RISHI Sunak’s “criminal” energy plan will penalise firms who choose to invest in renewables over fossil fuels and give cash to wealthy second home owners.

Prime Minister Boris Johnson has boasted about the “big bazooka” support package brought in by the Chancellor, but the policy will also hand over a second £400 grant to second homes and encourage firms to extract more oil and gas in the north sea. Those who do will receive a tax break worth 90% of the windfall tax, almost cancelling it out.

It is understood that this is because the scheme will apply the grant to each individual property’s bills automatically.

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The plans have caused fury amongst environmental campaigners who say the scheme will “lock us into unaffordable energy bills” by boosting the country’s reliance on fossil fuels.

There have also been concerns raised that large amounts of the fund will go to households who “don’t need” the support, whilst those on lower incomes will still struggle to survive.

Those on means tested benefits such as Universal Credit and Jobseekers Allowance will receive two payments totalling £650, one in July and a second in the autumn ahead of the energy price cap rise to £2800 in October.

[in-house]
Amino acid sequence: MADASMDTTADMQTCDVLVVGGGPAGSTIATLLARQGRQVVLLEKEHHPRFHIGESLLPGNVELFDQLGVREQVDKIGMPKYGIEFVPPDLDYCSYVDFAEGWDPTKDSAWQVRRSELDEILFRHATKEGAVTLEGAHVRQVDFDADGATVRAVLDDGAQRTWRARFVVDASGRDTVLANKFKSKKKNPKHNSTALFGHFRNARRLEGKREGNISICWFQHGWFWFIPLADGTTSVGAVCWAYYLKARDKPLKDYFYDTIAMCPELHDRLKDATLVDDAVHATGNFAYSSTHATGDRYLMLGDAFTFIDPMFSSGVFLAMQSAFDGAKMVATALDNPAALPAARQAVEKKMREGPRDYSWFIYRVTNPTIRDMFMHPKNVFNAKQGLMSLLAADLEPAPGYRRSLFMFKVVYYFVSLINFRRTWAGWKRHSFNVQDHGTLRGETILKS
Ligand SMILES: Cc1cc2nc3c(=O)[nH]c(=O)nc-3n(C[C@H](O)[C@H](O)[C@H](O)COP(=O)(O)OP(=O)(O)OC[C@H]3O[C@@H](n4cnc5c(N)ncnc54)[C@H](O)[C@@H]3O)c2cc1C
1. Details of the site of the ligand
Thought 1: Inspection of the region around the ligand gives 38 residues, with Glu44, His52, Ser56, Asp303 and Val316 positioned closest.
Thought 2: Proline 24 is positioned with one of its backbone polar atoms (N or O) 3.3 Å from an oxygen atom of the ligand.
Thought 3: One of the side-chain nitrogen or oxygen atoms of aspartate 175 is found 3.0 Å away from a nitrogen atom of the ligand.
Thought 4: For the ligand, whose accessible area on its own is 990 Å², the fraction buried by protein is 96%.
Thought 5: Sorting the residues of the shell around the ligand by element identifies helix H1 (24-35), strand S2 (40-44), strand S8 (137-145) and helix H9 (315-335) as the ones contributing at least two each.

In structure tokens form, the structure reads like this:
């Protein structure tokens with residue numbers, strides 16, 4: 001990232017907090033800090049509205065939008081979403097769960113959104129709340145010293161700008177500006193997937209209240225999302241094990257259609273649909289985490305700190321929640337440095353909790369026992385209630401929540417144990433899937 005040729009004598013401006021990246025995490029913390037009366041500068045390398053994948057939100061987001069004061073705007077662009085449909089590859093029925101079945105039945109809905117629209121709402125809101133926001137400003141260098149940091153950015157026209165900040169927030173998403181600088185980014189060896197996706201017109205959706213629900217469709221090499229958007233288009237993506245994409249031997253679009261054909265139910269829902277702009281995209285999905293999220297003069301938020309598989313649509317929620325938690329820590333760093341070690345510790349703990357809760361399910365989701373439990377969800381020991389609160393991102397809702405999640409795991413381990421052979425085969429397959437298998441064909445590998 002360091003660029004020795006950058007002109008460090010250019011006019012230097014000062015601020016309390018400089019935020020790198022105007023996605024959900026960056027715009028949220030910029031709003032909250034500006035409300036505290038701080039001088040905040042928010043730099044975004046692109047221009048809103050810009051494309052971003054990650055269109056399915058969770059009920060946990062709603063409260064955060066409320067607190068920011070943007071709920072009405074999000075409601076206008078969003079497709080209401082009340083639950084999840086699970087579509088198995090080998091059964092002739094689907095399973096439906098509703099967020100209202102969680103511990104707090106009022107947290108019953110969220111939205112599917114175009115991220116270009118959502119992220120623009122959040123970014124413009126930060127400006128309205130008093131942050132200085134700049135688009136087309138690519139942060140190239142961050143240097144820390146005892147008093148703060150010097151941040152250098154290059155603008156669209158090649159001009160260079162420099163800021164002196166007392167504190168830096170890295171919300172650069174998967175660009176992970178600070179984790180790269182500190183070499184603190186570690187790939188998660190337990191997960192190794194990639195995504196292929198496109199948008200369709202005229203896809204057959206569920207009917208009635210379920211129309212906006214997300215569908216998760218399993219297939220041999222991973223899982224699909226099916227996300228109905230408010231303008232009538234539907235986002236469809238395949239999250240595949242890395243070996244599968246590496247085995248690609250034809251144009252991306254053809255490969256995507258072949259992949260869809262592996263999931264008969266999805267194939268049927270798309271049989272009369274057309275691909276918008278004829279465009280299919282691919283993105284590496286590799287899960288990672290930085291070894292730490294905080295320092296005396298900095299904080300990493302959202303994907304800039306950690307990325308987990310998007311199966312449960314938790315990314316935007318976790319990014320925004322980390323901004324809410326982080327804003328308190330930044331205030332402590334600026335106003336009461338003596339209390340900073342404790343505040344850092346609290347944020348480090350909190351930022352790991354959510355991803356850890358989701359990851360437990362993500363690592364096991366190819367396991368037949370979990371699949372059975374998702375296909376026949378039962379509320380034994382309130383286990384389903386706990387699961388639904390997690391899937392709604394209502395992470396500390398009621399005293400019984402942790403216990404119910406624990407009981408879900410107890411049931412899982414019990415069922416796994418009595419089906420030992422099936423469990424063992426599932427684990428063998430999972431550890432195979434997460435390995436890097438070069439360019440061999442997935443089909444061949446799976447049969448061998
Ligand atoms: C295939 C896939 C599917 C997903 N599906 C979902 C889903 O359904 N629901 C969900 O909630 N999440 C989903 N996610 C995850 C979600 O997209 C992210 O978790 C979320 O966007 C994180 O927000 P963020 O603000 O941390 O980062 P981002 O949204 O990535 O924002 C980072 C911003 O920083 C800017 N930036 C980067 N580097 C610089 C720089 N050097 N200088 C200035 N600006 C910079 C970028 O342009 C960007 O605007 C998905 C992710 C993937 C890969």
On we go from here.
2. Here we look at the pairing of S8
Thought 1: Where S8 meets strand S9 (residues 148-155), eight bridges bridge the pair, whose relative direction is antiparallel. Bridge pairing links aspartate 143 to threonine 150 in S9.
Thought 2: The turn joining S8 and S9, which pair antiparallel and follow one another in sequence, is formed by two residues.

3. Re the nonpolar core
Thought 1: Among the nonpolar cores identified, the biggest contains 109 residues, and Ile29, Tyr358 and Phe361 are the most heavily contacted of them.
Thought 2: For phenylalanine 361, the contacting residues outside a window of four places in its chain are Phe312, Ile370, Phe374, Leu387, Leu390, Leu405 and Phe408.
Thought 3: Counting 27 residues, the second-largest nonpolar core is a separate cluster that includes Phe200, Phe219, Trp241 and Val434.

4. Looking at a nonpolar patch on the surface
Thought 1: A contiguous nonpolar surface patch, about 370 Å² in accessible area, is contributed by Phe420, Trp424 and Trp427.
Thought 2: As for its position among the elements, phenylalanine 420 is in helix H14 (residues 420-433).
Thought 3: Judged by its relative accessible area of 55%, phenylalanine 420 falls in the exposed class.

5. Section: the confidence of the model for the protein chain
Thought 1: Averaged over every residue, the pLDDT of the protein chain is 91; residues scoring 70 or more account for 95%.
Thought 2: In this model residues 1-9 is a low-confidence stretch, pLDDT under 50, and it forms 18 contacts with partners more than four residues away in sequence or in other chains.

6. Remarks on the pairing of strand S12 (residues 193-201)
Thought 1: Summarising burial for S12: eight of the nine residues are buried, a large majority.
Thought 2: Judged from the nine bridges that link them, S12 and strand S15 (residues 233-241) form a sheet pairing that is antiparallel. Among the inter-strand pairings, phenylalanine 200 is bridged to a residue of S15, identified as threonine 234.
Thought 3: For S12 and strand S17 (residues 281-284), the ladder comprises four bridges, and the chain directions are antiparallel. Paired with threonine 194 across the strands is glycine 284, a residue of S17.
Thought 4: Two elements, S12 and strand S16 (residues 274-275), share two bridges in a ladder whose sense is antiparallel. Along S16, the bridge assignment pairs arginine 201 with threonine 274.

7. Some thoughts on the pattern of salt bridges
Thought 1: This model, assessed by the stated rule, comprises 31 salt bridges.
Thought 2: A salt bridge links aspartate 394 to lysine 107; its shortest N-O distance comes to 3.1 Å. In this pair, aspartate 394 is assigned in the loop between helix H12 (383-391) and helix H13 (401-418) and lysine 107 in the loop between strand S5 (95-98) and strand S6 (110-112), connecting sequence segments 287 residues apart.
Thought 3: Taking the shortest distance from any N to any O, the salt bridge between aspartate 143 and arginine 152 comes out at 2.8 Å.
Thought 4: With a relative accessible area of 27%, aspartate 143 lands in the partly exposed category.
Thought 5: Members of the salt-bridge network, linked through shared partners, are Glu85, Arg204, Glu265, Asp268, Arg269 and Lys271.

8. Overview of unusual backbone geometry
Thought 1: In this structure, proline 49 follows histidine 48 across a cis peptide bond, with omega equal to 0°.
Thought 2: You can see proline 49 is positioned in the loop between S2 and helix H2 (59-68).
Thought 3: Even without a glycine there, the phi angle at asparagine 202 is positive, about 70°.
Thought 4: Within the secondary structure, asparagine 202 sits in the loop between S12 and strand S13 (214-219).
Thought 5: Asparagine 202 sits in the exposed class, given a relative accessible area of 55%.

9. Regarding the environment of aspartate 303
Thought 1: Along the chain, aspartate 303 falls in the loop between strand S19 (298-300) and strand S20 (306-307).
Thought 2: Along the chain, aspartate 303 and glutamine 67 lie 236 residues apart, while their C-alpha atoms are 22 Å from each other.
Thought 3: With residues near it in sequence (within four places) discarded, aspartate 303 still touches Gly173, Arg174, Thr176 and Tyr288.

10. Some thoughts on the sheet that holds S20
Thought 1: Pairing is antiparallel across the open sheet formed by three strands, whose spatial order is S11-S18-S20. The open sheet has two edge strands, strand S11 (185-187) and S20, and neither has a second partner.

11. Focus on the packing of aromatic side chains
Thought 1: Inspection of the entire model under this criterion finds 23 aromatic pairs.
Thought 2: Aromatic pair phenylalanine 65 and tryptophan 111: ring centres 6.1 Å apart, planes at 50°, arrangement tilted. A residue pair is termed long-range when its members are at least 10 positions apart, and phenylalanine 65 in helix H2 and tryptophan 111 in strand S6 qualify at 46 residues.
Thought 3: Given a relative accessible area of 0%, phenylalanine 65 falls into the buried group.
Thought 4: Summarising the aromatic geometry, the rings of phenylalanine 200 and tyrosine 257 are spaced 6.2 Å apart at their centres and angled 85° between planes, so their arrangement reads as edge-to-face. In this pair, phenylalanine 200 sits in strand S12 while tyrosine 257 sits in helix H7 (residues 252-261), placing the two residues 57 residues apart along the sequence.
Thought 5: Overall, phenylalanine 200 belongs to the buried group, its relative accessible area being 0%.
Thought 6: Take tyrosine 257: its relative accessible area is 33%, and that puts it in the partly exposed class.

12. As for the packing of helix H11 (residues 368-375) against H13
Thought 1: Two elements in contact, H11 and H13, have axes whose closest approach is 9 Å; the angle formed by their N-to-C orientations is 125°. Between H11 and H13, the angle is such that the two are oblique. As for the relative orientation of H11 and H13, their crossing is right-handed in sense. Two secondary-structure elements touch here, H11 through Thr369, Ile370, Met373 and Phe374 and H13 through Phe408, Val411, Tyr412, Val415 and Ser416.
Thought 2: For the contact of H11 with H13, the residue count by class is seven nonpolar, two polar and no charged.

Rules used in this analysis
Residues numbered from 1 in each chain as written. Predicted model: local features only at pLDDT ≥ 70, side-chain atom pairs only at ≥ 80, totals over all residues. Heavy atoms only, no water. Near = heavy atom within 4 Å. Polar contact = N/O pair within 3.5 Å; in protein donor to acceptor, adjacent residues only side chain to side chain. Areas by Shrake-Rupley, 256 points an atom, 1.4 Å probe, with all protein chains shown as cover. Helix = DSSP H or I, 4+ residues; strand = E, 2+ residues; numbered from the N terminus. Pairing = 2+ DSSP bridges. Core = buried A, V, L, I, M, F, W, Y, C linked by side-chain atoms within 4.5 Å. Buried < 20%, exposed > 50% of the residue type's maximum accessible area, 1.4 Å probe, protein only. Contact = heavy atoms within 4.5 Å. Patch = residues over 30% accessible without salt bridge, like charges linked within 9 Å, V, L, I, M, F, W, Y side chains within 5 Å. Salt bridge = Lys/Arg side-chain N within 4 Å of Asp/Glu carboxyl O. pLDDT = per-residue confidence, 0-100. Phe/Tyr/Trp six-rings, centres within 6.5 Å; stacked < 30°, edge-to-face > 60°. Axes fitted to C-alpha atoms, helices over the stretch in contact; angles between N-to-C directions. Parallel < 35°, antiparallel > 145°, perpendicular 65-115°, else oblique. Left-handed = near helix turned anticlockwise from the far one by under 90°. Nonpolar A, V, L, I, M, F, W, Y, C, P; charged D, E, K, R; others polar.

The Scottish Greens blasted Sunak for turning the concept of a windfall tax on rocketing energy profits into a “perverse incentive to drill for more oil and gas”.

The National: Greens MSP Mark Ruskell called the Chancellor's support plan "criminal" due to its climate impactGreens MSP Mark Ruskell called the Chancellor's support plan "criminal" due to its climate impact

The party’s environment spokesperson Mark Ruskell MSP said: “The truth is that big oil and gas companies will take this as a green light from the government to double down on extraction, without a thought for the climate.

“Incredibly, companies will be financially penalised should they choose to instead invest in renewables. Having recently rebadged dirty gas as green, this government is using all its powers from licensing to taxation to deepen our dependence on oil and gas.

“This is nothing short of criminal in the middle of a climate emergency, for the UK Government 1.5 is not alive, it's dead and buried.”

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Tessa Khan, director of Uplift which organised the successful Stop Cambo campaign against the opening of the oil field in the north sea, said that the levy was a step in the right direction as firms like BP and Shell have paid “no tax” on their North Sea operations for years and in that same period were given extensive tax breaks.

Khan pointed out that even with the windfall tax, the rate oil and gas firms will pay in the UK will still be lower than the global average.

She added: “Sunak’s proposed relief on investment incentivises more oil and gas fields in the North Sea, which will only worsen the climate crisis and lock us into unaffordable energy bills, instead of accelerating the growth of affordable renewable energy.